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    The impact of introducing hydrodistension as a treatment for frozen shoulder in a primary care musculoskeletal service: a retrospective audit

    Whelan, Gareth, Yeowell, Gillian ORCID logoORCID: https://orcid.org/0000-0003-3872-9799 and Littlewood, Chris (2023) The impact of introducing hydrodistension as a treatment for frozen shoulder in a primary care musculoskeletal service: a retrospective audit. Musculoskeletal Care. ISSN 1478-2189

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    Abstract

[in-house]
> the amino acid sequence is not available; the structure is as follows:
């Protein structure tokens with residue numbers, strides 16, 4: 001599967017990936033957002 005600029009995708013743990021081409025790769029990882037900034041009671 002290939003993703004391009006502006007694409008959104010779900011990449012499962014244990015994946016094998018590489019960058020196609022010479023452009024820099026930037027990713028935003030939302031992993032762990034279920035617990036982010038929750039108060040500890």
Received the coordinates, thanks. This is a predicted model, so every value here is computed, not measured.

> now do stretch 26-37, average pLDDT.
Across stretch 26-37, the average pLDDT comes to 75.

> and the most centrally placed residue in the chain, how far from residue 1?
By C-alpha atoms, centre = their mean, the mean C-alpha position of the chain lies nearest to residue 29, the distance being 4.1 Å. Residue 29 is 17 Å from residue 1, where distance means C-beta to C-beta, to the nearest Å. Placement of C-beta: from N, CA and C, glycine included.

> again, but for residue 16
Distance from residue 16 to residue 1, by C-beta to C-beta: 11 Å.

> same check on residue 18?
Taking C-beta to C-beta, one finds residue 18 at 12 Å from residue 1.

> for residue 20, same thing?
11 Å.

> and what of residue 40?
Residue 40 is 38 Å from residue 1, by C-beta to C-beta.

Introduction Hydrodistension, where a relatively high volume of local anaesthetic, corticosteroid, and sterile saline are injected into the shoulder joint, is a treatment of interest for frozen shoulder. In the UK National Health Service this is typically provided in the hospital setting. In 2017 we introduced hydrodistension into our physiotherapy led musculoskeletal service. This report describes the findings from our audit of onward referral for orthopaedic assessment following the introduction of hydrodistension to our frozen shoulder treatment pathway. Methods A retrospective audit of data from 102 patients who followed our hydrodistension treatment pathway for frozen shoulder since 2017 was conducted. All 102 patients received at least one hydrodistension procedure performed by a physiotherapist. This involved injecting the glenohumeral joint with a combination of local anaesthetic, corticosteroid, and saline under ultrasound guidance with a total volume of 25–35 mls. This data was compared to the outcomes of 102 patients who presented with frozen shoulder prior to 2017 who did not receive hydrodistension. Results Of 102 patients who received hydrodistension within the musculoskeletal service, six patients required onward referral to orthopaedics. Of the 102 patients who did not receive hydrodistension prior to 2017, 58 required onward referral to orthopaedics. Conclusion We report a reduction in onward referral to orthopaedics following the introduction of hydrodistension to our physiotherapist-led treatment pathway for patients with frozen shoulder. This preliminary data identifies the need to further evaluate the clinical and cost-effectiveness of hydrodistension performed by physiotherapists for patients with frozen shoulder.

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